# Why are there more Irrationals than Rationals given the density of $Q$ in $R$?

I'm reading "Understanding Analysis" by Abbott, and I'm confused about the density of $Q$ in $R$ and how that ties to the cardinality of rational vs irrational numbers.

First, on page 20, Theorem 1.4.3 "Density of $Q$ in $R$" Abbot states:

For every two real numbers a and b with a < b, there exists a rational number r satisfying a < r < b.

For which he provides a proof.

Later, on page 22, in the section titled "Countable and Uncountable Sets" he states:

Mentally, there is a temptation to think of $Q$ and $I$ as being intricately mixed together in equal proportions, but this turns out not to be the case...the irrational numbers far outnumber the rational numbers in making up the real line.

My question is: how are these two statements not in direct contradiction? Given any closed interval of irrational numbers of cardinality $X$, $A$, shouldn't be the case that we would have corresponding set of $X-1$ rational numbers, $B$, where each rational in $B$ falls "between" two other irrationals in $A$?

If this is not the case, how do we have so many more irrationals than rationals while still satisfying our theorem that between every two reals there is a rational number?

I know there are other questions similar to this, but I haven't found an answer that explains this very well, and none that address this (perceived) contradiction.

• You touch on one of the most counter-intuitive aspects of infinity and the continuum. Even crazier is how for all $\epsilon>0$ you can put $\Bbb Q$ inside an OPEN set whose total size is less than $\epsilon$. You can't do that with the irrationals. $\Bbb Q$ really is small, even though it is dense. Get used to it. – Gregory Grant Jan 4 '16 at 22:05
• Infinity is funny. What you say makes sense in a domain where each number can have a "next number" (a successor, in other words). Then, since between each pair of rationals is (at least) an irrational, and between each pair of irrationals is (at least) a rational, they would have to alternate. ¶ But in fact, there is no next number in either the rationals or the reals (not with respect to the usual relation $<$, anyway). – Brian Tung Jan 4 '16 at 22:18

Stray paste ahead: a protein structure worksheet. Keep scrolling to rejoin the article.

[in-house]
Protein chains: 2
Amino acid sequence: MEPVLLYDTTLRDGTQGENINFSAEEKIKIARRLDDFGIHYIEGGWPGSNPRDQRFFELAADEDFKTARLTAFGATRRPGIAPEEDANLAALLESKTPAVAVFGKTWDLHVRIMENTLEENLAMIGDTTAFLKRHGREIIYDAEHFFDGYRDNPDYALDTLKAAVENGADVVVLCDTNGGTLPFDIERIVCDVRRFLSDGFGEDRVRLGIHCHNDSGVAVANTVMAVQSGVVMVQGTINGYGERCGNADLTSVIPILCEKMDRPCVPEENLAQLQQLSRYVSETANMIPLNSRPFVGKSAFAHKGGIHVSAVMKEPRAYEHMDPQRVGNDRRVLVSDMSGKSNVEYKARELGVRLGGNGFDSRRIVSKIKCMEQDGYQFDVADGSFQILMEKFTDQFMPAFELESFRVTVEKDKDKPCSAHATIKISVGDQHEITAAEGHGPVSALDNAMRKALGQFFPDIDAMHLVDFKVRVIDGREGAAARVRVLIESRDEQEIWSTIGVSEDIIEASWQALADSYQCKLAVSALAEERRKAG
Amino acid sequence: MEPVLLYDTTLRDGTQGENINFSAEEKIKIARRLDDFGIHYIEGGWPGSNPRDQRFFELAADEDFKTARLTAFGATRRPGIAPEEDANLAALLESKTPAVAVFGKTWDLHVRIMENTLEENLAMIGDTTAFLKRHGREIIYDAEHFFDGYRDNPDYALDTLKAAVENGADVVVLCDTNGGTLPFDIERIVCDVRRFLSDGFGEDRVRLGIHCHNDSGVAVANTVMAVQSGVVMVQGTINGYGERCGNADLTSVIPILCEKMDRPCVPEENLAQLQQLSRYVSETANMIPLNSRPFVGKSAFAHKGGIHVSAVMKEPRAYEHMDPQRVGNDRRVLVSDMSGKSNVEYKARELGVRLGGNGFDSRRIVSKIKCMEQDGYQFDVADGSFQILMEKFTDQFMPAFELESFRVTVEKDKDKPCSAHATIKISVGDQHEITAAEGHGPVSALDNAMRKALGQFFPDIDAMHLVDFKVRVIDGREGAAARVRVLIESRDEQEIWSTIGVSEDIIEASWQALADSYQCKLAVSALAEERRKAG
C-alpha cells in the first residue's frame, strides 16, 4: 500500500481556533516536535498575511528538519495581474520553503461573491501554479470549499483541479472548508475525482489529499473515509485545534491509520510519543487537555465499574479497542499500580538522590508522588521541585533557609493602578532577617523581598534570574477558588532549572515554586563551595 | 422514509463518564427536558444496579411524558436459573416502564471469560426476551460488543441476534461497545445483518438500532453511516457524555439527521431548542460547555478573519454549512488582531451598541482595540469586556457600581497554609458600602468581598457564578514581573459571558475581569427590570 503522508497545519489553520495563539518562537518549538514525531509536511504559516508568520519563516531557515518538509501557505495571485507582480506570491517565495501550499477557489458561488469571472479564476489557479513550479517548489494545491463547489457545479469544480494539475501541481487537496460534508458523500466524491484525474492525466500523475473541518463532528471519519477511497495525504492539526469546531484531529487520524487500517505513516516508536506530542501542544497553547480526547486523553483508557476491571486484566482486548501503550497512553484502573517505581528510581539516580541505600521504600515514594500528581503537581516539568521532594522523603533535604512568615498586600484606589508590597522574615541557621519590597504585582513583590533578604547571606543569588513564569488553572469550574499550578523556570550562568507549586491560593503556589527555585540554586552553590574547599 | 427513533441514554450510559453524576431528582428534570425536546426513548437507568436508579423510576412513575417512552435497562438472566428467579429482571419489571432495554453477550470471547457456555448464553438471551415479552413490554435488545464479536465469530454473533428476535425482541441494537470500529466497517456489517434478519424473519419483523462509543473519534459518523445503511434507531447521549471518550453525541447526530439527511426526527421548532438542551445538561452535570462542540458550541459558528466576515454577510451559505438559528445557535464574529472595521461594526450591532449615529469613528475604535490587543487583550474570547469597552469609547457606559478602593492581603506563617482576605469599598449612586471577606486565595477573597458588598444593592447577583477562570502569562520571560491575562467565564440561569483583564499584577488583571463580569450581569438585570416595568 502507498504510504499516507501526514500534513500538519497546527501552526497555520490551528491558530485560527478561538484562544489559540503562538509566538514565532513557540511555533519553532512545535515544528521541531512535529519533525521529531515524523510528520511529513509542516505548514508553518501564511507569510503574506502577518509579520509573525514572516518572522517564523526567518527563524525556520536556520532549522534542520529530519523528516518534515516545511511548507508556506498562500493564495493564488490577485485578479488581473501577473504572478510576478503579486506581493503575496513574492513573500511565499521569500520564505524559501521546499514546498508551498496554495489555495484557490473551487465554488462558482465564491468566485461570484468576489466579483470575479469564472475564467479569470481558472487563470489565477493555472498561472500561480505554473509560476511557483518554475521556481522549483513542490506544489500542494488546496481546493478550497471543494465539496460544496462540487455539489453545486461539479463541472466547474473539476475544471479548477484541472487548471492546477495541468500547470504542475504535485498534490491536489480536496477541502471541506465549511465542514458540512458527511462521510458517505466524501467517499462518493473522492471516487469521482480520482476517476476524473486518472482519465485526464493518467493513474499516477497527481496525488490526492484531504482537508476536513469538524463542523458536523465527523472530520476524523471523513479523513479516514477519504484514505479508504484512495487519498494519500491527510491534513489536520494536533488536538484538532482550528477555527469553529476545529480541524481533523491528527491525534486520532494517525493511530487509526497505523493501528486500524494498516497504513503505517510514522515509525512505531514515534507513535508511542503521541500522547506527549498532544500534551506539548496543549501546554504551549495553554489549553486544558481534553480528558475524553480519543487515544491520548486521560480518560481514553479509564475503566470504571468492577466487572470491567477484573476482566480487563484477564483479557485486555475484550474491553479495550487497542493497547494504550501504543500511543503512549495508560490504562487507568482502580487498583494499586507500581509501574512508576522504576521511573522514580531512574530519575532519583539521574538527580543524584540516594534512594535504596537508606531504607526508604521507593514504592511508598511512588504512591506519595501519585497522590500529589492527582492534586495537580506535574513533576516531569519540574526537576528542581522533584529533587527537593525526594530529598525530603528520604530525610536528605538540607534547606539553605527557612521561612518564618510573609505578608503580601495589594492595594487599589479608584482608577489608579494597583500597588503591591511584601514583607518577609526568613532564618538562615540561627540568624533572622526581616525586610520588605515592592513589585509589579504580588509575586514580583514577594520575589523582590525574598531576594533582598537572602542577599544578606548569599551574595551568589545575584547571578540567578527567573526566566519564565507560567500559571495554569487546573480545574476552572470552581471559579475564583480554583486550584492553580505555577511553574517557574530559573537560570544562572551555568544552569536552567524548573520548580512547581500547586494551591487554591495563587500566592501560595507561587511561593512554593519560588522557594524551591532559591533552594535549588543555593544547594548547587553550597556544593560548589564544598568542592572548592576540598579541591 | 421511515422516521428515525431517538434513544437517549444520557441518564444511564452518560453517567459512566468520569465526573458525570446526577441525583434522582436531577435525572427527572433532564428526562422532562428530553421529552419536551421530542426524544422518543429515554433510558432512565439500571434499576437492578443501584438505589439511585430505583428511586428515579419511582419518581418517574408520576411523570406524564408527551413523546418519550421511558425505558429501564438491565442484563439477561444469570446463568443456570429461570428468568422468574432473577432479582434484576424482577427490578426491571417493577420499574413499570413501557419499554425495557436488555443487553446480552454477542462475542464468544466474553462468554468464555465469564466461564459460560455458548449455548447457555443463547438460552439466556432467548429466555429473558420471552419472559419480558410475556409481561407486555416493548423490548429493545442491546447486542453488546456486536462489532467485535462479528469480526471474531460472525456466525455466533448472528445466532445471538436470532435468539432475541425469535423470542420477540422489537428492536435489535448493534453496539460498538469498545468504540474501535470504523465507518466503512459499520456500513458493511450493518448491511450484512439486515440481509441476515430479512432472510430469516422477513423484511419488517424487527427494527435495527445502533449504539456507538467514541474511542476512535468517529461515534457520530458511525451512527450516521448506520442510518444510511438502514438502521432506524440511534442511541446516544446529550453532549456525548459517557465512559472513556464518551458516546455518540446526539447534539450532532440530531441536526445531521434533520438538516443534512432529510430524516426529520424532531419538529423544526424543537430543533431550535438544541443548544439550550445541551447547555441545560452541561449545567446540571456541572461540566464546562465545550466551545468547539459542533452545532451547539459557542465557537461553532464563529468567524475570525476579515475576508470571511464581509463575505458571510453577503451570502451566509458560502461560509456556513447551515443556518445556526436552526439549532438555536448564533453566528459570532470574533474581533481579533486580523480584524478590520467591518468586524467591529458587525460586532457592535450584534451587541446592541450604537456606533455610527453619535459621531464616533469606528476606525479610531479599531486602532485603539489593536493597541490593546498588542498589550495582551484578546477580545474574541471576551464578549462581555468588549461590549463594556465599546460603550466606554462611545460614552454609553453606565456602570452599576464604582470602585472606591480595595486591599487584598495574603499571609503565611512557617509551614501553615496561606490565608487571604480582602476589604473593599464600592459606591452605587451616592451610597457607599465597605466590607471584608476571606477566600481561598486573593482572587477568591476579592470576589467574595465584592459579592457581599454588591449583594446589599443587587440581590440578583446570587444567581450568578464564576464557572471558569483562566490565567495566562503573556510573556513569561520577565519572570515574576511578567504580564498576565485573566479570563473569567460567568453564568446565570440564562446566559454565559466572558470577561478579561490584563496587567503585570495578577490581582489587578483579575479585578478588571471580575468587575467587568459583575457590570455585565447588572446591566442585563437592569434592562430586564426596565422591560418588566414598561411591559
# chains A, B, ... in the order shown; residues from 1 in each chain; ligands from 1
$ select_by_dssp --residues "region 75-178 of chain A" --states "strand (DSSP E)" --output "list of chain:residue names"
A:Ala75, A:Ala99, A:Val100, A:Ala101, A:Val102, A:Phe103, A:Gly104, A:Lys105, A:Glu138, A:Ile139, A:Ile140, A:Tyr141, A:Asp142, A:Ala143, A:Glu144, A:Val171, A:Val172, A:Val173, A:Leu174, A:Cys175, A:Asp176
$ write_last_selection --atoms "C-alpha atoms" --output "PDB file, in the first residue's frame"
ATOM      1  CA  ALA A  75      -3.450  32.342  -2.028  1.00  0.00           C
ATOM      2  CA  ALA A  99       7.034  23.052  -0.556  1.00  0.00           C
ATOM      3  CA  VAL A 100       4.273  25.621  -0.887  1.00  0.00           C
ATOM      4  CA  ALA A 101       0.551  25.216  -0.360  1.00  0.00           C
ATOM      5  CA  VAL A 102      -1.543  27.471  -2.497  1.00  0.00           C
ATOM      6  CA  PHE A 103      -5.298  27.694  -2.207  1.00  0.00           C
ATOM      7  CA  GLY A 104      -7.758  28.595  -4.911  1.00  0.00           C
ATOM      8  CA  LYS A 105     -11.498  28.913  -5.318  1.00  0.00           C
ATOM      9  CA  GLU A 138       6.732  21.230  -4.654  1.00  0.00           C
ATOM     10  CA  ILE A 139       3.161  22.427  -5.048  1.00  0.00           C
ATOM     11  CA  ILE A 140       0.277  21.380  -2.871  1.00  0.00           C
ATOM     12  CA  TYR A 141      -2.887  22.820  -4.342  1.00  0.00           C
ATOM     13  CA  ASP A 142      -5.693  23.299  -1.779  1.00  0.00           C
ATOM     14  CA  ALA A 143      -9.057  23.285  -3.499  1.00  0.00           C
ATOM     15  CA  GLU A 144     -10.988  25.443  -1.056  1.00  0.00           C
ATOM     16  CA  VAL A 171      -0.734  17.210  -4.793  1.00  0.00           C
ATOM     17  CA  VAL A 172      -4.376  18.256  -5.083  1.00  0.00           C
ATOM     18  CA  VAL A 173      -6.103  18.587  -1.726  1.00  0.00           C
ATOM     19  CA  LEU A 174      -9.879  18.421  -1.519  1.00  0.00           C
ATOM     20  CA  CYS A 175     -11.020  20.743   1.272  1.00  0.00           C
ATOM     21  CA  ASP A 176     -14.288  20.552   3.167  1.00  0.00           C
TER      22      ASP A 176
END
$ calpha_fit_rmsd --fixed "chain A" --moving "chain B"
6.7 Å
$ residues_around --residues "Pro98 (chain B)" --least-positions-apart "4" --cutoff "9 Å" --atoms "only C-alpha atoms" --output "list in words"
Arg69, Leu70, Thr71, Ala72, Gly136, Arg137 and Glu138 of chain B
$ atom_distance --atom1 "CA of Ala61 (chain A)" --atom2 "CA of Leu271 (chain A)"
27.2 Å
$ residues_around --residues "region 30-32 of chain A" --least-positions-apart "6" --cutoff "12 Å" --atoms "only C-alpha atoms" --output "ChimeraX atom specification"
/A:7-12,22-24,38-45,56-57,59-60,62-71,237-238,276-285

• What contradiction? You have not given any reason for your contention that the fact that there are rationals between any two irrationals means that there can't be "more" irrationals than rationals. Is that supposed to be obvious? – bof Jan 4 '16 at 22:20
• @GregoryGrant: That is one of the weirdest things to me. I know it's true, and I can even construct a suitable set. What I can't do is visualize what that set looks like. It's much more alien to my intuition than the notion that $\mathbb{Q}$ is countable. – Brian Tung Jan 4 '16 at 22:21
• The irrationals are dense, too.... See math.stackexchange.com/questions/46822/density-of-irrationals – symplectomorphic Jan 4 '16 at 22:28

## 4 Answers

Given any closed interval of irrational numbers of cardinality $X$, $A$, shouldn't be the case that we would have corresponding set of $X-1$ rational numbers, $B$, where each rational in $B$ falls "between" two other irrationals in $A$?

That will certainly be true if you change the word "interval" to "set" and stipulate that $X$ is a finite integer.